Hi folks. It has been a hectic couple of months since last I wrote. By a curious confluence of events, in the past week or two a number of lines of work have come to fruition, while others have just gotten started. (Almost all of this work is done in collaboration with my colleagues at RRCHNM. Credit where credit is due, but you’ll have to click through to see all the contributors to these projects.)
With only brief commentary, here is a gallery of work just released or just started.
Tomorrow we will release Collecting These Times: American Jewish Experiences of the Pandemic. This site points American Jews and Jewish communities to institutions that are collecting their memories of the pandemic: 72 such collecting efforts and counting.
At the same time, we are releasing a visual refresh of American Jewish Life, RRCHNM’s own collection project for the American Jewish community, part of our broader Pandemic Religion collecting project.
It’s already available on GitHub, but later this week we will announce a Web Monetization module for Omeka S. Web Monetization lets users support websites by streaming small payments. It is still very early days for this technology, but we hope it will let cultural heritage institutions be supported directly by their users.
Kellen Funk and I are doing some visualizations about the advent of legal modernity in nineteenth- and early twentieth-century Anglo-American law. Here is a first cut of a visualization in support of a presentation Kellen gave last week.
Also, I’ve been sketching some visualizations for our American Religious Ecologies project. Sorry no direct link for this map; still too new.
We’ve been developing DataScribe for the transcription of structured data from historical sources. Now we’ve got it integrated with our collection of schedules from the 1926 Census of Religious Bodies and have transcribed nearly ten thousand schedules with more to go.
The visualizations are coming together nicely for the much expanded version of my interactive scholarly work, America’s Public Bible: A Commentary. (Worn out and now outdated prototype.)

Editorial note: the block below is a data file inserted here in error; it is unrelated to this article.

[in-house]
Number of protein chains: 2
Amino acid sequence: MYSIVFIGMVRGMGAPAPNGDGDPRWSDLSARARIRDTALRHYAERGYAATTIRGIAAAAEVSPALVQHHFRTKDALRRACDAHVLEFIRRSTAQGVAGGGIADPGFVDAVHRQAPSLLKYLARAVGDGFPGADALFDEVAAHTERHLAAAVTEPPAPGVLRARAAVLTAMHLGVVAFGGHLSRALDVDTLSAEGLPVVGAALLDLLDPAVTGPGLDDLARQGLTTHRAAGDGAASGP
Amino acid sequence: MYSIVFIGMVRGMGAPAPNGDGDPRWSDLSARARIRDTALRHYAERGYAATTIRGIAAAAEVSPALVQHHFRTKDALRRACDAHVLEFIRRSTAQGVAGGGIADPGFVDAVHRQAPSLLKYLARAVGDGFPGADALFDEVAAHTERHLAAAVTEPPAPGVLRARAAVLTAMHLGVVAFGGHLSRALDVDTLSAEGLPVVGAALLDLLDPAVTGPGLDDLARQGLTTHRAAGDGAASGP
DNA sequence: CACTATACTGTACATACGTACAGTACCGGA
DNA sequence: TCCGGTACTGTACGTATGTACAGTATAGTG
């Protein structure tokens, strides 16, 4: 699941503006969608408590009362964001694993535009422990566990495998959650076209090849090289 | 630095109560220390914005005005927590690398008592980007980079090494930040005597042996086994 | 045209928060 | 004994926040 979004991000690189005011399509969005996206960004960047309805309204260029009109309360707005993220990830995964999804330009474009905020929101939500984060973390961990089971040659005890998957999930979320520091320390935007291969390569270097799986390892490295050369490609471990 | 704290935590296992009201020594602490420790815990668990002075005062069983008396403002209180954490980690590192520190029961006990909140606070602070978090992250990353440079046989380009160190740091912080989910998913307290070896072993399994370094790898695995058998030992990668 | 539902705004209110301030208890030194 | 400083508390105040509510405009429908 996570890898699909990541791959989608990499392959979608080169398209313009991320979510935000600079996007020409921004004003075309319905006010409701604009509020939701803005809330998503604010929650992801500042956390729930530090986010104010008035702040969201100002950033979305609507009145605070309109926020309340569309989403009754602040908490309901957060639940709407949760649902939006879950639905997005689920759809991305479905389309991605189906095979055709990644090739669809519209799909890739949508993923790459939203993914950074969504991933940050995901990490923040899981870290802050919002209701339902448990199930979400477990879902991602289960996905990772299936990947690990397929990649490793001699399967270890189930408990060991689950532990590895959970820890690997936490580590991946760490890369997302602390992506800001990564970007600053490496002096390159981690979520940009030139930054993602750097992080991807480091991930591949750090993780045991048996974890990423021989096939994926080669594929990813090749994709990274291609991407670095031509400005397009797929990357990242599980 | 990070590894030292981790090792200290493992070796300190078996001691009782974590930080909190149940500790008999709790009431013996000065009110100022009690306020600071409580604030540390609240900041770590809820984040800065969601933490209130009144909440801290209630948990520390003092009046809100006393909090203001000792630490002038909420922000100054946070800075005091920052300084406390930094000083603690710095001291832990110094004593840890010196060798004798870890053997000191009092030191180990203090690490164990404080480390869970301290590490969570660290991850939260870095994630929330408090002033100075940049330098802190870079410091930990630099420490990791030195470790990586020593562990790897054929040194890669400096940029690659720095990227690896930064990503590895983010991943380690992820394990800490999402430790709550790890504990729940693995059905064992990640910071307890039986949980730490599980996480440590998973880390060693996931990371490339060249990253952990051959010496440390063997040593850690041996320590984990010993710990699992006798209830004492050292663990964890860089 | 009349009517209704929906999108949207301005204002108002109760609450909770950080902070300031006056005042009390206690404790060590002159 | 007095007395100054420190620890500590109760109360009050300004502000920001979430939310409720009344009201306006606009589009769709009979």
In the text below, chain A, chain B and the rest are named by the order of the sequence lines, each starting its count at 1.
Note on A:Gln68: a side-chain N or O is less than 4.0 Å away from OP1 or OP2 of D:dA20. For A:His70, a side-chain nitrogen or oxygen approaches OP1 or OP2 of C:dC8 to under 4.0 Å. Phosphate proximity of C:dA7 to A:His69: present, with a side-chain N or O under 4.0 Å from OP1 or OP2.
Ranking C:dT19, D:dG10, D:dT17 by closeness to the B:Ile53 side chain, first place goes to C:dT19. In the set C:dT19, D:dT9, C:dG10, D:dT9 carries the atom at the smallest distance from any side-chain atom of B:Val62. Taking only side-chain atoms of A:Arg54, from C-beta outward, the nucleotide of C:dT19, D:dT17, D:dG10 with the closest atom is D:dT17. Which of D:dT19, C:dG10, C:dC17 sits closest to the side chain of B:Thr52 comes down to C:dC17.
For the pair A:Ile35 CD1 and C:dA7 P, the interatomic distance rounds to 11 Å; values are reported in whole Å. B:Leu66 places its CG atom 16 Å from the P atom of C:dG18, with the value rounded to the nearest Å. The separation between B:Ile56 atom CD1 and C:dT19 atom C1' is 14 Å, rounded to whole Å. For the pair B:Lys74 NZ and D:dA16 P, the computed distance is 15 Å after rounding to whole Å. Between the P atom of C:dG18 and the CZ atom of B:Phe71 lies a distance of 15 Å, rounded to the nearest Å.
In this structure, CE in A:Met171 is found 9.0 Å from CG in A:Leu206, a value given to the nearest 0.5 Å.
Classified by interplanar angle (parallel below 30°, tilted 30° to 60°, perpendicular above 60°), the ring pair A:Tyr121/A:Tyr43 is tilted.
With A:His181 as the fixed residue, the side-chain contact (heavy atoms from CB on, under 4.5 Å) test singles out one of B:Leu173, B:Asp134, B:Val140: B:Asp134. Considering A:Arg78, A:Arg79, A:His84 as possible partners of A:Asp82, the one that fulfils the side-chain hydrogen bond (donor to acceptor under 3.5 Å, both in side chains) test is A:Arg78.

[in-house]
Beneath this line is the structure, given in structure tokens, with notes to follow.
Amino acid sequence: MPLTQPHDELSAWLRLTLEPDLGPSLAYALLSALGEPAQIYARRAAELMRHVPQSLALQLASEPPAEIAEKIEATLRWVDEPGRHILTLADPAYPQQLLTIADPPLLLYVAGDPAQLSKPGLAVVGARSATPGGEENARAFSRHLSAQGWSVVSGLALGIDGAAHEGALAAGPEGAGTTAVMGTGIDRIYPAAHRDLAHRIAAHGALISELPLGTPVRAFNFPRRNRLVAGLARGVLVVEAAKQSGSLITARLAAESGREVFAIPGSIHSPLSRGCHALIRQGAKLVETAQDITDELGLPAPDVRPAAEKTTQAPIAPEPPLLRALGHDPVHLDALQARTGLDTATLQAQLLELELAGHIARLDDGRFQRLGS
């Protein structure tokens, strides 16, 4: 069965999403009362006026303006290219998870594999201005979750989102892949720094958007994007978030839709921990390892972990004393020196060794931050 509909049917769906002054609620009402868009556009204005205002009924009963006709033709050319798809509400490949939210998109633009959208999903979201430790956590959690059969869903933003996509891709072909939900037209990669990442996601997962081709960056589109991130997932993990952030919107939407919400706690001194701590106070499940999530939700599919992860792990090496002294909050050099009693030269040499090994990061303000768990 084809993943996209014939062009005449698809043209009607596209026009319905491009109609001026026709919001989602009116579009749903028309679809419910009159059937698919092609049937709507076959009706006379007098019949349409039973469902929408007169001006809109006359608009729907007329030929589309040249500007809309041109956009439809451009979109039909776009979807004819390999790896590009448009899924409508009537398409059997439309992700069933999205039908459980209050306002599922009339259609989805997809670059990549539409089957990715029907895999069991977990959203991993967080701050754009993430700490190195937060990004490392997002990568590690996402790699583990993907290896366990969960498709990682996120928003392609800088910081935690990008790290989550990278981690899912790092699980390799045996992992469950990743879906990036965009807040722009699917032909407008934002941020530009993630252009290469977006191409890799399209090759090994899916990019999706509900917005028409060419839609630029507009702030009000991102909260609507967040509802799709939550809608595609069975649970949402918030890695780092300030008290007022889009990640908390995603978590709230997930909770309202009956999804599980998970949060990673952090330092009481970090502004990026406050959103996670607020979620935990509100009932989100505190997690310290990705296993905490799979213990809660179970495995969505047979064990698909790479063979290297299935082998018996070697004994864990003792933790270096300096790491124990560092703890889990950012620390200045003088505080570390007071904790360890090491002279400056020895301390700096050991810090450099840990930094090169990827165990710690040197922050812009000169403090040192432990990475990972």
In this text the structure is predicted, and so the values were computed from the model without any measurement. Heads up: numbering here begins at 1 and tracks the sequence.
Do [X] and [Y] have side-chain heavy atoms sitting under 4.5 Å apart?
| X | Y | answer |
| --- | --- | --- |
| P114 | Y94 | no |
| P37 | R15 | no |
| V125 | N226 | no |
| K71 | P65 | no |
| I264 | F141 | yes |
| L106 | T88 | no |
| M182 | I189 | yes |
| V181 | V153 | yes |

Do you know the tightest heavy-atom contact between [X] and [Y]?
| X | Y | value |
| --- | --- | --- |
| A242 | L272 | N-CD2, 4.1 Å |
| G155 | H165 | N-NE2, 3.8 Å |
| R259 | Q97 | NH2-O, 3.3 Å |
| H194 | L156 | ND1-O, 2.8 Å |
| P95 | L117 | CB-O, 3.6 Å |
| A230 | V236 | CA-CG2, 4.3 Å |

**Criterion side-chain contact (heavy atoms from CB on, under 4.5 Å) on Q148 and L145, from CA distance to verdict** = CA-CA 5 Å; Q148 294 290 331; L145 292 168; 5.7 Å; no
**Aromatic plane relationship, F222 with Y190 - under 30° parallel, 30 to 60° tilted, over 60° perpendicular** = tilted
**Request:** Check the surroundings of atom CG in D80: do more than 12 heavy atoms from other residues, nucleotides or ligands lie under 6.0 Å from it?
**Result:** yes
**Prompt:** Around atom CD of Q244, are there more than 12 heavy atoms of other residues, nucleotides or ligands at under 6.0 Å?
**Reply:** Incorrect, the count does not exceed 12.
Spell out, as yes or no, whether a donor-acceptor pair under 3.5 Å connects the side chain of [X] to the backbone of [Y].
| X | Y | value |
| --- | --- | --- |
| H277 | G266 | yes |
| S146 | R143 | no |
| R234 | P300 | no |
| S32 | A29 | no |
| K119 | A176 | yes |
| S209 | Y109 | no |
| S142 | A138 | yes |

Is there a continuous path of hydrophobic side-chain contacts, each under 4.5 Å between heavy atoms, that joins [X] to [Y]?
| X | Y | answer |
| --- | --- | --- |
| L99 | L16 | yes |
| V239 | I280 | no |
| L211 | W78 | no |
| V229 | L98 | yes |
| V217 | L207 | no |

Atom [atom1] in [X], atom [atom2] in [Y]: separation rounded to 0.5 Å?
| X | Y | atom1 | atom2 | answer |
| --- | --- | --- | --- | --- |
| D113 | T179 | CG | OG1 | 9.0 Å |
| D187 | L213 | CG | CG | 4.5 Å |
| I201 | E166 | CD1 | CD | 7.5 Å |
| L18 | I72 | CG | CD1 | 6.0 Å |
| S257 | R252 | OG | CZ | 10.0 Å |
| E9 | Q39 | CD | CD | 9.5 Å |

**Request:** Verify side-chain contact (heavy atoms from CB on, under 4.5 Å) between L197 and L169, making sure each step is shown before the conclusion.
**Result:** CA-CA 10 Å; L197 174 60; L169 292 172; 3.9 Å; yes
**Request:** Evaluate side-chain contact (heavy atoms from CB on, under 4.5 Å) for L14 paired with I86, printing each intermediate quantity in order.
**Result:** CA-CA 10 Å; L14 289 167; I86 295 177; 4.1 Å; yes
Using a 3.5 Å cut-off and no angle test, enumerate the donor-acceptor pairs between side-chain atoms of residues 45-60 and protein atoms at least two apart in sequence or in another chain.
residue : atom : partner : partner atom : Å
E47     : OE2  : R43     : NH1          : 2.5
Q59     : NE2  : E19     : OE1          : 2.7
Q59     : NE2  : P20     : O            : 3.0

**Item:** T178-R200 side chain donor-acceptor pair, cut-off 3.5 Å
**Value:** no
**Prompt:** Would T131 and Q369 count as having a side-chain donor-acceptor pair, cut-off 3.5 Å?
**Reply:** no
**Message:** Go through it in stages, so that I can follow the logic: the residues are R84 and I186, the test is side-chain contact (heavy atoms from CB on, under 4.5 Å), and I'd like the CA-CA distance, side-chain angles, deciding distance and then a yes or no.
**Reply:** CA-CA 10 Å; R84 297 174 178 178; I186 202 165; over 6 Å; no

Speaking of which, my essay “The Making of America’s Public Bible: Computational Text Analysis for Religious History” was published this month in Digital Humanities and Research Methods in Religious Studies. You can find a preprint at Humanities Commons.
We need to send the final version back to the journal this week, but Stephen Robertson and I will have an article on patterns of argument in digital history coming out in the Journal of Social History. It is the introduction to a special section in that journal that we edited, and it will be accompanied by a website that annotates about a dozen articles in digital history to show how they can be models for future work.
RRCHNM is hiring a full-stack web developer. Here is the job ad. We are doing exciting new things, especially with data and computational history, but building on our existing strengths in public history. We are a great place to work, and we hope that whoever we hire will be a developer-scholar and a real partner in our work. I’m chairing the search, and if this position at all interests you, feel free to reach out. I’d also be grateful if you could pass this along to anyone you know who might be interested.
Listening: Spotify playlists for country music by decade.
Working: See above.
Playing: Learning the chords for “The Man in Black.”
Reading: Walter Isaacson, Steve Jobs. Do any of you have favorite examples of the biographer’s art that I should read? Feel free to reply and let me know.
Subscribing: My friend Jason Heppler is starting a newsletter on “digital humanities, cities, data, design, libraries, climate, data visualization, art, the environment.” You should subscribe too.